They noted the new inlet in the Otis Pike wilderness area roughly followed the path of an “old inlet” that opened in the early 1800s, and that filled with sand over time.

Research by Gobler and other Stony Brook scientists has documented the degree to which Superstorm Sandy improved the waters of theGreat South Bay, particularly near Bellport Bay, Narrow Bay in Mastic Beach and western Moriches Bay.

From 2013 to 2018, water clarity improved in the area, tests found. At the same time, levels of harmful brown tide algae, chlorophyll and fecal coliform bacteria dropped significantly.

The improvements were centered around the newly formed Fire Island inlet, where the growth rate of juvenile hard clams also significantly increased. Other sections of the Great South Bay located to the west of the inlet did not get the same benefits, the researchers found.

Inlet made 'unbelievable difference in the water'

For Bellport baymen such as John DiNaro, the storm-created inlet "made an unbelievable difference in the water, which went from murky to crystal clear."

DiNaro expressed concern that without an inflow of clean ocean water, runoff of nitrate pollutants from drainage leaks and chemical fertilizers used on lawns would harm the bay's fish and plant life.

DiNaro said he already could see the difference.

"The water is not as clear and the fish don't want to be here," DiNaro said.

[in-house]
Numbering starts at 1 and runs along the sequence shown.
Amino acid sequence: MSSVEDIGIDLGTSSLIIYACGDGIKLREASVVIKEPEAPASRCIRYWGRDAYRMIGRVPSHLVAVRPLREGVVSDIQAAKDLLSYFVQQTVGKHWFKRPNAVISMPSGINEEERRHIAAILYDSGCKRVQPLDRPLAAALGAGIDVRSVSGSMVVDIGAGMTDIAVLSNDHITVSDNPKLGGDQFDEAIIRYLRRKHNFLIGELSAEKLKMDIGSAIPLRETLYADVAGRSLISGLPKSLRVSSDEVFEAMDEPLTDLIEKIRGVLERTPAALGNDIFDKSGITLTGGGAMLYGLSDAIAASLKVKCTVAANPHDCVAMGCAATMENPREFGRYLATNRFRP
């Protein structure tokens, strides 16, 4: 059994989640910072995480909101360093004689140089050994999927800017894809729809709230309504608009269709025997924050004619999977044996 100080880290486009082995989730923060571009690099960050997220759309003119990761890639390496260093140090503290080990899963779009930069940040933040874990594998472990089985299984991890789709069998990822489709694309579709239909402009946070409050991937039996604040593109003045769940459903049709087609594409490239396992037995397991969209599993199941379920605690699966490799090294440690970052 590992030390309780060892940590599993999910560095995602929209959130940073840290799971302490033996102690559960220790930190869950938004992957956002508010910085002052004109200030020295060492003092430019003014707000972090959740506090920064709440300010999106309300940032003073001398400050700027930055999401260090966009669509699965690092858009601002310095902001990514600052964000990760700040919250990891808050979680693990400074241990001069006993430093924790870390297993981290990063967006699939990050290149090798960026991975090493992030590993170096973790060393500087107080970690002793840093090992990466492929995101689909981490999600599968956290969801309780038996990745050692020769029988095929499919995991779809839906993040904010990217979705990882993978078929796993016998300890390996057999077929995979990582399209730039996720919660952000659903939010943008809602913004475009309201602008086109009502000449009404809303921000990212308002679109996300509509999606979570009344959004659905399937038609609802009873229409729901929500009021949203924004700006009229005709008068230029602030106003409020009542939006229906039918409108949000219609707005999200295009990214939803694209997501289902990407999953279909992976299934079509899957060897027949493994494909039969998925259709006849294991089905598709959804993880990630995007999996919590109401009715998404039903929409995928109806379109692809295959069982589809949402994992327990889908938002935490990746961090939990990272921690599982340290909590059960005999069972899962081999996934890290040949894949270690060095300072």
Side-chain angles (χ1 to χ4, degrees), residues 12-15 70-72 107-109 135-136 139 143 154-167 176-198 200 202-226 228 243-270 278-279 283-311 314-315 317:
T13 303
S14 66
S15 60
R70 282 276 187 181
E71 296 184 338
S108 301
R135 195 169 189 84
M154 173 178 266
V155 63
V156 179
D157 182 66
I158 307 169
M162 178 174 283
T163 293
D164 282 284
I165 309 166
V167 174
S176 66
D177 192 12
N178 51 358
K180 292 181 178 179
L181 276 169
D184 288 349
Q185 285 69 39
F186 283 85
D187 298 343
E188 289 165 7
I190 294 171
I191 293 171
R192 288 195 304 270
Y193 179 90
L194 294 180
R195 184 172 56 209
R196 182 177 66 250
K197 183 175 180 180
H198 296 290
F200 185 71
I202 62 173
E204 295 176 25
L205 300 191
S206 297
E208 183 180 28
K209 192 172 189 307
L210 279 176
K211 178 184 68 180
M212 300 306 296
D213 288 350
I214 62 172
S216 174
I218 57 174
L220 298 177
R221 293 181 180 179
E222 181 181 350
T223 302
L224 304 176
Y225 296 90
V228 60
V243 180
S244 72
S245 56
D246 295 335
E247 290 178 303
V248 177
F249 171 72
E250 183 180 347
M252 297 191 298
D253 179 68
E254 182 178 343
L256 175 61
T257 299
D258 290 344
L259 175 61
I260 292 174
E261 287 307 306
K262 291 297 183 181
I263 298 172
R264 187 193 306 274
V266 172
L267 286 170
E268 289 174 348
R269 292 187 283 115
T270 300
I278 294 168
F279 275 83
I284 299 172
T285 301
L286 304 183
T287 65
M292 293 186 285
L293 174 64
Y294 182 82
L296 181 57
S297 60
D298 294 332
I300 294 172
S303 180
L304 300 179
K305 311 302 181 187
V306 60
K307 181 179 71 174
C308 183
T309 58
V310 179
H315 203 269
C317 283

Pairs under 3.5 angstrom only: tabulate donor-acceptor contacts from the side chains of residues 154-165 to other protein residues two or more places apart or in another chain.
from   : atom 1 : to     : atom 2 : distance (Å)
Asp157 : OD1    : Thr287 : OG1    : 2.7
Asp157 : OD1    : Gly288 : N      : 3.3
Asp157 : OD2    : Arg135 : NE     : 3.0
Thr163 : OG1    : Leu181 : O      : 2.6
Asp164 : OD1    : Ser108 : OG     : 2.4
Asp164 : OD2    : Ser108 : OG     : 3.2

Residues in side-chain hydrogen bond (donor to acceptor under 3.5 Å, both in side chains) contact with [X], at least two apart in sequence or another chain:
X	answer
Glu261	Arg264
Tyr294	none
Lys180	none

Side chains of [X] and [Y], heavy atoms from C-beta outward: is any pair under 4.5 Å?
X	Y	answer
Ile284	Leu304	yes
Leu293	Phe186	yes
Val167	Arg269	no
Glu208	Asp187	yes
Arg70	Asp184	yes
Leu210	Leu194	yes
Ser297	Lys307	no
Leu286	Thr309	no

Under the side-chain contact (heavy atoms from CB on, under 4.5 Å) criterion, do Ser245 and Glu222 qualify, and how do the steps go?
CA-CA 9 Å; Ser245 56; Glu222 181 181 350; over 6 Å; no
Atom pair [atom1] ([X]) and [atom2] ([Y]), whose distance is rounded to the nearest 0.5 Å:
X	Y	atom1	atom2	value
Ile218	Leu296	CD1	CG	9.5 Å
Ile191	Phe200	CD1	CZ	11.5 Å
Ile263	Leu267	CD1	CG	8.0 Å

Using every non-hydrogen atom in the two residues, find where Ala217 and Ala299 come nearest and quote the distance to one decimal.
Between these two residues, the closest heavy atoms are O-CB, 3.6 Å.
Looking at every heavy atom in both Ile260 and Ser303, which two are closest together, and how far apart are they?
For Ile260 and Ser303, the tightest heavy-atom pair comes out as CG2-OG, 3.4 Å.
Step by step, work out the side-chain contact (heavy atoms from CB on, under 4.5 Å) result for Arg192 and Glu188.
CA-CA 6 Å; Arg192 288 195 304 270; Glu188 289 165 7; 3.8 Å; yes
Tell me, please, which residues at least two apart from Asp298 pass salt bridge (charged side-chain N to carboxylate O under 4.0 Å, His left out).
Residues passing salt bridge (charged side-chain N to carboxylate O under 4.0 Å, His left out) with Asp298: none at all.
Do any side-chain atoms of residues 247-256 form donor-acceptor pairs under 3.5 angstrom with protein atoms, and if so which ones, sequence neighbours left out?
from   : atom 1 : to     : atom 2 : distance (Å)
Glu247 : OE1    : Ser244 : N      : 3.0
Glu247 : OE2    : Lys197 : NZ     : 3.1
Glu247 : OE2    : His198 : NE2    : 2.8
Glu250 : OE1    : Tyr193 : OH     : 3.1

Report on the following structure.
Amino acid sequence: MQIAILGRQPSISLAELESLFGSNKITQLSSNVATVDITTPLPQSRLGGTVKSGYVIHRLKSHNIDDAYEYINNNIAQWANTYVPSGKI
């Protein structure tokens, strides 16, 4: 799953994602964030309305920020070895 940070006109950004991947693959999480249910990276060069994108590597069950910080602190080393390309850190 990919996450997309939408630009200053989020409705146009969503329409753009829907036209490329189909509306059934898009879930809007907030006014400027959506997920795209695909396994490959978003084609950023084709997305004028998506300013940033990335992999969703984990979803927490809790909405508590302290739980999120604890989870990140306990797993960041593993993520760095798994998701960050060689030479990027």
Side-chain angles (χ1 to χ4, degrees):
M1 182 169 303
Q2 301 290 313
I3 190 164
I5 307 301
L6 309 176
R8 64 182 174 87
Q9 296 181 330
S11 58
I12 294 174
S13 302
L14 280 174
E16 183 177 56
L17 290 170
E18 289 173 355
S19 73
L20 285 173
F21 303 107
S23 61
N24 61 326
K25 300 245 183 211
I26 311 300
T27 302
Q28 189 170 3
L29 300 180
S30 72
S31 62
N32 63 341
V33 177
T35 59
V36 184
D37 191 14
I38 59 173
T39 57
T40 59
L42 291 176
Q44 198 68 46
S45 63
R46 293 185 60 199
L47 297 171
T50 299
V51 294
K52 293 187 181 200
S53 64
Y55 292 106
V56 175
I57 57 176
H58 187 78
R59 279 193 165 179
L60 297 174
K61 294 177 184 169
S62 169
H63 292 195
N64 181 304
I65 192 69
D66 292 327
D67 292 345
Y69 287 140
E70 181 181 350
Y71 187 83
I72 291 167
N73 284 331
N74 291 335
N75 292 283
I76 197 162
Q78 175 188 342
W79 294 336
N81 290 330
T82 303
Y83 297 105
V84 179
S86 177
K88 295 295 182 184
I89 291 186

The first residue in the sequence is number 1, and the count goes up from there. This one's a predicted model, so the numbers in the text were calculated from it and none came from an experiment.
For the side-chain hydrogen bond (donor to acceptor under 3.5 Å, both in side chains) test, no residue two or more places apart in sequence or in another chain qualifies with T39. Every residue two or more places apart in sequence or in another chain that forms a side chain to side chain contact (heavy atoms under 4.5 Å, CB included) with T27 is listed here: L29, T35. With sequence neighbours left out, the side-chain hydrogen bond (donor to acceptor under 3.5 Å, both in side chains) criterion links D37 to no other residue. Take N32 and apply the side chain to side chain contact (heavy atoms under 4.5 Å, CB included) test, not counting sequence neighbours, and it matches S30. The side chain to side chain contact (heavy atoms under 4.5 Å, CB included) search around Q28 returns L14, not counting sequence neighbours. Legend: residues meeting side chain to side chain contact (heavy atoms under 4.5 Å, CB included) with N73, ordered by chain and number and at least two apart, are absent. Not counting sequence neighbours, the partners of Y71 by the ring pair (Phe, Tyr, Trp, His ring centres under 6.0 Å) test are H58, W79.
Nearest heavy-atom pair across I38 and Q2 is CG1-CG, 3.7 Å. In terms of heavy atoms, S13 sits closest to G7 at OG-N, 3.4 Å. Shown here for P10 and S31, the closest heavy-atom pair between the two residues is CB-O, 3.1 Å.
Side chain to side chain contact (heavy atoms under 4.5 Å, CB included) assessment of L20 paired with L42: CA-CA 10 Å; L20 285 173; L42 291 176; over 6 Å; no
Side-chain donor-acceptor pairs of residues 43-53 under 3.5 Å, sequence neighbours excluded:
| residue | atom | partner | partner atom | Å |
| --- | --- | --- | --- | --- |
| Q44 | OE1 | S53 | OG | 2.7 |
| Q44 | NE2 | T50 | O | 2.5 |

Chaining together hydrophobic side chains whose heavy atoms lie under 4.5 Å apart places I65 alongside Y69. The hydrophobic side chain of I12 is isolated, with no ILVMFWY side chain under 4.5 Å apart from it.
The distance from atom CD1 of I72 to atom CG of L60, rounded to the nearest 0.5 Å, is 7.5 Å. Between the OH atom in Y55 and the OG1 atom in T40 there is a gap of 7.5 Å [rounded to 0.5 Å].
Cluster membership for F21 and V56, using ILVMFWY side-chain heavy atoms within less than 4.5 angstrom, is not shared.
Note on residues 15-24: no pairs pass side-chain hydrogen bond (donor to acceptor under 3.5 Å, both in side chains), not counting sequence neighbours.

"I think what is going to happen is that the shellfishing is going to go down," he said. "The fishing is going to go downhill.” 

The new inlet helped inspire creation of a local advocacy group, the Friends of Bellport Bay, devoted to the health of the bay, said co-founder Thomas Schultz.

Schultz recalled scientific research allayed fears of local residents that the new divide through Fire Island might lead to flooding on the mainland.

But arrival of fresh seawater from the ocean changed the way local residents viewed the shallow bay, Schultz said.

After the inlet opened, "you could look down and see the bottom," Schultz said of the bay, which he said reaches a depth of only about 7 feet. "You could tell if a quarter was heads or tails with the clear water."

Schultz continued: "I noticed the bay teeming with more life than before and now it's diminished because we are losing the ocean flushing."

 

. 

Trump on trial … Nassau getting new police vehicles … Lego camp Credit: Newsday

Lab results due on Bethpage drums ... Trump on trial ... Best LI high schools ... Knicks go up 2-0

Trump on trial … Nassau getting new police vehicles … Lego camp Credit: Newsday

Lab results due on Bethpage drums ... Trump on trial ... Best LI high schools ... Knicks go up 2-0